Bolstered ambulance funding welcomed in Pemberton
Eight full-time paramedics ‘a big improvement,’ but challenges remain
New provincial funding bolstering ambulance service in Pemberton is seen as a “significant improvement” from the planned shift to a Scheduled On-Call model—but big challenges remain around staffing, morale and wages, according to the provincial paramedic union.
The Sept. 14 announcement from the provincial Ministry of Health means Pemberton’s ambulance station will now be staffed with eight full-time, fully qualified paramedics on an eight-day rotation—two paramedics working two days and two nights, then having four days off—backed up by part-time, on-call paramedics, said union president Troy Clifford.
“Absolutely it’s a big improvement. It’s conversion of on-call members to full-time, but we’re still having challenges with staffing our ambulances, that secondary ambulance and backfilling, because we’re not getting enough paramedics into the profession,” Clifford said.
“And that’s based on that on-call $2-an-hour model that is still very much in play.”
The changes come after a difficult summer for paramedics in the Sea to Sky, who in July raised the alarm about “dangerous” staffing levels and morale that was described as “completely in the toilet.”
Clifford said the union is continuing to work closely with BC Emergency Health Services’ (BCEHS) new interim chief ambulance officer Leanne Heppell to bolster staffing and improve morale.
“There’s still some real challenges … we didn’t get into this situation overnight, so there’s still some frustrations by paramedics and dispatchers. We’re still seeing out-of-service [ambulances] and shortages to staffing,” he said, adding that mental health and wellness of paramedics is another focus for the union.
“We’re close to having a joint submission to the Ministry of Health [with BCEHS] for recommendations around health and wellness and mental health and psychological support.”
For now, Clifford expressed confidence in the new governance model, even if there are still improvements to be made.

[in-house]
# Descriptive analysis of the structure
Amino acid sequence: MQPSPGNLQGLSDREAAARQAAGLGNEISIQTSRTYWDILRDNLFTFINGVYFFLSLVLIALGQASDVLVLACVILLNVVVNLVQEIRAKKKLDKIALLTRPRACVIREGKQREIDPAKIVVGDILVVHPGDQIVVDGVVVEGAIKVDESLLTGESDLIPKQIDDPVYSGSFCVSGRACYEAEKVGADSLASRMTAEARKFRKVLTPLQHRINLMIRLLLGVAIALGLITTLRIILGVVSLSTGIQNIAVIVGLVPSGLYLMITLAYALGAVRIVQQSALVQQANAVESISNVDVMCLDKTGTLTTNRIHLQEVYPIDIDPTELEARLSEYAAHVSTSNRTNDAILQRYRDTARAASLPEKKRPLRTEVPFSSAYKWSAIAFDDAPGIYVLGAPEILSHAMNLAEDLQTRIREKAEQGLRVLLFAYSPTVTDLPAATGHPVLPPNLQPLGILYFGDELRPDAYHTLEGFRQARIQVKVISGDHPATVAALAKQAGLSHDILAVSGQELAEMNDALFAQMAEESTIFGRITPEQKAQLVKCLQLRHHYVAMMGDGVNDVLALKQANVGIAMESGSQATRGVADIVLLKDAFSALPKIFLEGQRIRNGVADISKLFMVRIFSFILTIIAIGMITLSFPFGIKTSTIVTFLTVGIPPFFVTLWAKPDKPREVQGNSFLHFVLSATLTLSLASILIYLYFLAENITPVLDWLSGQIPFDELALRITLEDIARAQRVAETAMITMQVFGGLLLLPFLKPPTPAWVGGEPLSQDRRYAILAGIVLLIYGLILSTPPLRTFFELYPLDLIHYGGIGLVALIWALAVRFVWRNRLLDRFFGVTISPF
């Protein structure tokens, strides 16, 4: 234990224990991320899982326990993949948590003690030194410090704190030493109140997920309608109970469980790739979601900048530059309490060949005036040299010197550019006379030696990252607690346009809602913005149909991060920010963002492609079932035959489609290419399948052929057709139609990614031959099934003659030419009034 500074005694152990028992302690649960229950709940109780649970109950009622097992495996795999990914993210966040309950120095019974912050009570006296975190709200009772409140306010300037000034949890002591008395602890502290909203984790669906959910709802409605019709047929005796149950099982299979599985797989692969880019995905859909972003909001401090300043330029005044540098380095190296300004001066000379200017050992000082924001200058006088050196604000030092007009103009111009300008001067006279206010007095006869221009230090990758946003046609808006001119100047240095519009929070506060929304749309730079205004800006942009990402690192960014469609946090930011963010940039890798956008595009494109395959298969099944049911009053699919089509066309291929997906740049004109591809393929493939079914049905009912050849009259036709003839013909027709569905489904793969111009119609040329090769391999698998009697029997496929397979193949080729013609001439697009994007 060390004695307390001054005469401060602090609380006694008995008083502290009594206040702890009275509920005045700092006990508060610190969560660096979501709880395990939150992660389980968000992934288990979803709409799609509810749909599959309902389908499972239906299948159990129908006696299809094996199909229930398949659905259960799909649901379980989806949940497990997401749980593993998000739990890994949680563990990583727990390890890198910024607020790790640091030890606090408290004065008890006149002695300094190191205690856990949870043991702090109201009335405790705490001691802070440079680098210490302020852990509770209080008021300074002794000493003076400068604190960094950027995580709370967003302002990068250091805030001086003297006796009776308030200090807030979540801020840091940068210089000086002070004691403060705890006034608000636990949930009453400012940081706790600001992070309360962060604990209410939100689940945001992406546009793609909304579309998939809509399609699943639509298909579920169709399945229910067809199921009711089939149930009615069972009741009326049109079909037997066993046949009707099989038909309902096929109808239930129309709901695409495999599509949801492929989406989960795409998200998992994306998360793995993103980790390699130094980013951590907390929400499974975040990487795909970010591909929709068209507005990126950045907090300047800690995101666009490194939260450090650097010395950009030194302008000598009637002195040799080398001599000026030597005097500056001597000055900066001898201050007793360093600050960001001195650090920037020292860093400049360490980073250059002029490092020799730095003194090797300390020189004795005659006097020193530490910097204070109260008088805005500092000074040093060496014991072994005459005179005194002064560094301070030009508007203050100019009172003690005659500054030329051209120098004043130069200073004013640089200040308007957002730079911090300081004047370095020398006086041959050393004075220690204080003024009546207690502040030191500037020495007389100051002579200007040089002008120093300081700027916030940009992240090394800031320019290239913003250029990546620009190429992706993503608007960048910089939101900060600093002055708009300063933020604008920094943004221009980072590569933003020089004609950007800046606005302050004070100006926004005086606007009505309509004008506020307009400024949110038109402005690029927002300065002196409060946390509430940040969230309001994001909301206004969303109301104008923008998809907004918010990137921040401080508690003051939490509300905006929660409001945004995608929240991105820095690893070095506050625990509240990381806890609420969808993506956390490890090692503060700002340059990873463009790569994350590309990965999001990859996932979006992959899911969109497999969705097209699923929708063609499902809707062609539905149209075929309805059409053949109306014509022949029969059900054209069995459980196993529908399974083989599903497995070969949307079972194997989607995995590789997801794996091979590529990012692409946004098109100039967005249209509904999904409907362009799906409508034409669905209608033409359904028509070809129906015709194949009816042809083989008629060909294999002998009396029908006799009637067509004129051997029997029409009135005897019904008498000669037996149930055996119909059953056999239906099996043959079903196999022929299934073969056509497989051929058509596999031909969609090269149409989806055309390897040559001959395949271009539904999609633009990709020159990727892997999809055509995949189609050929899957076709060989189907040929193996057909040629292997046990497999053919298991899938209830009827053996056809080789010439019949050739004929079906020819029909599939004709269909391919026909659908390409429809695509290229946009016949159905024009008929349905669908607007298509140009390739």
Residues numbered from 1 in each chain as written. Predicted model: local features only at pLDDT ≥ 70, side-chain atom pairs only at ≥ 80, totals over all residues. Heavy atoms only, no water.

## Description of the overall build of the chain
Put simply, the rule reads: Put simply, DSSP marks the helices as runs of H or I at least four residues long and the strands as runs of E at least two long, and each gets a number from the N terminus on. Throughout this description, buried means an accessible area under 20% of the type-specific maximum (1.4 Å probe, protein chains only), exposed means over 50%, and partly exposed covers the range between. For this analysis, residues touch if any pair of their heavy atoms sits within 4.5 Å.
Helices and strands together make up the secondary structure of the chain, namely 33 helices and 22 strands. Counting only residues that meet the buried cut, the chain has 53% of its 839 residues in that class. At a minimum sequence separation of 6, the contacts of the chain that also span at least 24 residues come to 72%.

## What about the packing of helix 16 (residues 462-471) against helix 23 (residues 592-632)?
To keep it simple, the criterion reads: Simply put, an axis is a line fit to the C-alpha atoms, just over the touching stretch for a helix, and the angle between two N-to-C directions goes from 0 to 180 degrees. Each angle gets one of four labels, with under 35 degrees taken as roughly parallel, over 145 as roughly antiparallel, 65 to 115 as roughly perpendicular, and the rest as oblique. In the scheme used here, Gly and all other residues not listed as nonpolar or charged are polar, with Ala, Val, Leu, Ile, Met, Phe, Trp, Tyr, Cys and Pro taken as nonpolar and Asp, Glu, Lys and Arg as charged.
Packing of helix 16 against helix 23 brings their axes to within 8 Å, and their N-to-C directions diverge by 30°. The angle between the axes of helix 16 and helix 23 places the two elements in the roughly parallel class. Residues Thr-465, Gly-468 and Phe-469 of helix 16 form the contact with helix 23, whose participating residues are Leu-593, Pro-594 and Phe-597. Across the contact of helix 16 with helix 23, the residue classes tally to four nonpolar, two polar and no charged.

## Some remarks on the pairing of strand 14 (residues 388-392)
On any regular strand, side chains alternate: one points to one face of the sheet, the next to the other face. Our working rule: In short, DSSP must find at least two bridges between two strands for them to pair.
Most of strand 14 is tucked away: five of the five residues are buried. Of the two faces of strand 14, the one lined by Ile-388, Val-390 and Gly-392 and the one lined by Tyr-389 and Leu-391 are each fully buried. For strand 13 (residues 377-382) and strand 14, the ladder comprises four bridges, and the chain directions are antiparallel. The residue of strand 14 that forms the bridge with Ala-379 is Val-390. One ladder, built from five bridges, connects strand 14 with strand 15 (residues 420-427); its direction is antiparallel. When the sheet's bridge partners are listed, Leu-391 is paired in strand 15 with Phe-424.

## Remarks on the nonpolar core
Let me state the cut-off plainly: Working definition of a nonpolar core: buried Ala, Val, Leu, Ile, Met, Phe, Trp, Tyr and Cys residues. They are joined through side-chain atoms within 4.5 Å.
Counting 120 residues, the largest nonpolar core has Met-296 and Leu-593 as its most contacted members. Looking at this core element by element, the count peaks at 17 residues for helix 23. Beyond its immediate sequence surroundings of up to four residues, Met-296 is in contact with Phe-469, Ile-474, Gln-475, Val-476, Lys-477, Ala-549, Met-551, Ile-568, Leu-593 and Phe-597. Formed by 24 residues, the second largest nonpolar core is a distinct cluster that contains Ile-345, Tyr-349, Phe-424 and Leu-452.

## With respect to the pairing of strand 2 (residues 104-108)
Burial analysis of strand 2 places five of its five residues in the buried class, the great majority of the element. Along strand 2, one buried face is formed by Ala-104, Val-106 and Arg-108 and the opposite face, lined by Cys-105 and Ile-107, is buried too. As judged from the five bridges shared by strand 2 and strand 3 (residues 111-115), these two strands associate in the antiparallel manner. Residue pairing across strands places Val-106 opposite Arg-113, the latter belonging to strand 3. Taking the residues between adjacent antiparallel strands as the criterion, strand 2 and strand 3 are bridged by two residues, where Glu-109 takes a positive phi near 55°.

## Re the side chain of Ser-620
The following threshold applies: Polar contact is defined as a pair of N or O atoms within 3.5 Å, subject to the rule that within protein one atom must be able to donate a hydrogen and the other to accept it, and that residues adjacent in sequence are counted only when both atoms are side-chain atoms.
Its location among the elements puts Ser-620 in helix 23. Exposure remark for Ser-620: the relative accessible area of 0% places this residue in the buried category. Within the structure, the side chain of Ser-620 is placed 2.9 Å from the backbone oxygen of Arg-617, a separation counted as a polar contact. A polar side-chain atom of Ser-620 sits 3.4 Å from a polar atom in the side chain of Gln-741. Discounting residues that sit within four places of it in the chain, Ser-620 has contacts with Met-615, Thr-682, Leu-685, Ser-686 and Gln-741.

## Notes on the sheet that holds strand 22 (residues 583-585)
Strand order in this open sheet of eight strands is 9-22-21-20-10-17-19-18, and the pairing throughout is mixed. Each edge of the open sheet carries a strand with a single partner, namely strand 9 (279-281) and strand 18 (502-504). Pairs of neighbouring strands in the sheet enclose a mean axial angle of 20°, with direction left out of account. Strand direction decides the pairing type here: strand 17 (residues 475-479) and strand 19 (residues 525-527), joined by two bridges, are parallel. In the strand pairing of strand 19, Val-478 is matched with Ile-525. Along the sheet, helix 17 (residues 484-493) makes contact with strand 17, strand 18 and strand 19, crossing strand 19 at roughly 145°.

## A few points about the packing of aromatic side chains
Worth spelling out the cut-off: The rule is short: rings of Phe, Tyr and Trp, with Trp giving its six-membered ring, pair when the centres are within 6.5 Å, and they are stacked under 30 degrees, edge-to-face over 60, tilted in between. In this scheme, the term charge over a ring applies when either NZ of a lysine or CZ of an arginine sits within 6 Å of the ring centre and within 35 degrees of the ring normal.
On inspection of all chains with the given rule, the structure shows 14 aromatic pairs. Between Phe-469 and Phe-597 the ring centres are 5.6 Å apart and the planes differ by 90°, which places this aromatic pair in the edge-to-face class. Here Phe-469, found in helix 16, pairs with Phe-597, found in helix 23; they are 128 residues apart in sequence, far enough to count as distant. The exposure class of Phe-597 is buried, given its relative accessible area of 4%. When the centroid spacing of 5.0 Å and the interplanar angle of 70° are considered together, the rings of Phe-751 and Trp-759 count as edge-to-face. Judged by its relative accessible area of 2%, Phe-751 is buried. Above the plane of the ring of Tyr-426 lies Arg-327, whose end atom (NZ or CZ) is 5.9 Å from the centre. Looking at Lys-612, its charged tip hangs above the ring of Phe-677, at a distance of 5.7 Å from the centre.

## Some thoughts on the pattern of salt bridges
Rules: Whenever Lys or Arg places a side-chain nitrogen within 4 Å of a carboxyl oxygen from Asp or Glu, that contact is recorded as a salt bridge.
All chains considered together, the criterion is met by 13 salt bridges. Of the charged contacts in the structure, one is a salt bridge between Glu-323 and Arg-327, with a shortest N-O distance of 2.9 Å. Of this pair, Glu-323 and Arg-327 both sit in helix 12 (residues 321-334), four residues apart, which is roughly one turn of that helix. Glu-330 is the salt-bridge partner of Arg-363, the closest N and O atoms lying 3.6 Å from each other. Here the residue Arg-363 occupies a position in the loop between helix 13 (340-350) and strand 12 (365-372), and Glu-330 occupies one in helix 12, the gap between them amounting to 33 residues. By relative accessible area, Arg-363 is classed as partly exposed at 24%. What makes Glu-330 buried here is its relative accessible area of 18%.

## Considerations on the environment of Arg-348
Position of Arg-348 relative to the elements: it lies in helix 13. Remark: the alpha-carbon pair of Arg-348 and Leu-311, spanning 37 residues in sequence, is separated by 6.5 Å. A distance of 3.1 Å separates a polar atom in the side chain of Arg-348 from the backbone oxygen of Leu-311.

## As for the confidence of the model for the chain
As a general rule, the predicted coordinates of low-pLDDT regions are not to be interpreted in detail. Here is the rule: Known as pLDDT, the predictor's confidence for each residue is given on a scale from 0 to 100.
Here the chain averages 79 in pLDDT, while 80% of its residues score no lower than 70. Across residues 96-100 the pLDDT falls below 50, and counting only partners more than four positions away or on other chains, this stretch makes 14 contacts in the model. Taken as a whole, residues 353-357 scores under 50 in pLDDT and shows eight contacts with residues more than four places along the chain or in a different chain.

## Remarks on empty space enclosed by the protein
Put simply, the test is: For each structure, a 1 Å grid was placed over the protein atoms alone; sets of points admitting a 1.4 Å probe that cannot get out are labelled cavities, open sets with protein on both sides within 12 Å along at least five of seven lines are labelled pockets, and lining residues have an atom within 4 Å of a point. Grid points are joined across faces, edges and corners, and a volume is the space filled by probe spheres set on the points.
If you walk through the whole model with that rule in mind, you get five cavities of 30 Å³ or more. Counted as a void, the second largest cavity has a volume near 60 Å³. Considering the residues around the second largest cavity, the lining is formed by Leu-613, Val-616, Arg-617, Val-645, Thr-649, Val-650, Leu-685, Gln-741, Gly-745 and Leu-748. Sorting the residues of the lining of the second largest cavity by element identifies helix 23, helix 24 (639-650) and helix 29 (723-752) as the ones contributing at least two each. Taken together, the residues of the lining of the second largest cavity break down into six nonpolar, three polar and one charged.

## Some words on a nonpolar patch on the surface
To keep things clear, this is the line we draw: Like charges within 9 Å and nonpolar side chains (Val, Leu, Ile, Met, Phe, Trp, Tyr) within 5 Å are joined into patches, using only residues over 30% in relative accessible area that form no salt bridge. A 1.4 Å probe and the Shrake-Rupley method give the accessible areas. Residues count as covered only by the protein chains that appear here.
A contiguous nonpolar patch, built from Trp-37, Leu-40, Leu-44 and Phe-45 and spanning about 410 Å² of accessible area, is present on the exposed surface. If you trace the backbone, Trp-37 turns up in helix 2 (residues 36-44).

“We can work with them on that, it’s just going to take some time,” he said.
“So is the morale there? No, but I think generally speaking the optimism is that we’re going to get through this, and we need some time, but we need to really make sure that we do everything that we can now to bridge us to get these long-term solutions in place.”
One outstanding issue is the wage structure for rural, on-call paramedics, who get paid just $2/hr when not responding to a call.
“We’ve got to negotiate that away. It’s not sustainable,” Clifford said.
“If you don’t pay and compensate people, you’re not going to have them, especially when they can go to industry and make money, or other professions.”
The other big concern—one that is not unique to paramedics—is general affordability in the Sea to Sky.
“We can add all the positions we want, but if they’re part time in high-expense living places like Whistler … even to get full-time paramedics in there, the cost of living with our wages just is not proportional,” Clifford said.
Mayor Mike Richman welcomed the changes to Pemberton’s ambulance service, expected to come into effect Oct. 29.
“It secures the cars here in Pemberton, it gives us much better levels of staffing security, so it is good news for Pemberton and I was glad to hear it,” Richman said, adding that time will tell what gaps or challenges still need to be addressed.
“This definitely provides the staffing that we were hoping to have. What we want to make sure is that the structure provides the response times that we need around here,” he said.
“So we want to still follow that up, but overall it seems very encouraging.”
Pemberton is just one of two dozen communities in B.C. shifting to a full-time model with the Sept. 14 announcement, which also includes Lillooet.
The announcement also included 85 new paramedic positions and 30 full-time dispatchers in some of the province’s larger call-volume communities.
According to the provincial government, the average spending increase for BCEHS over the past four years has been just under eight per cent annually—from $424.25 million to $559.14 million.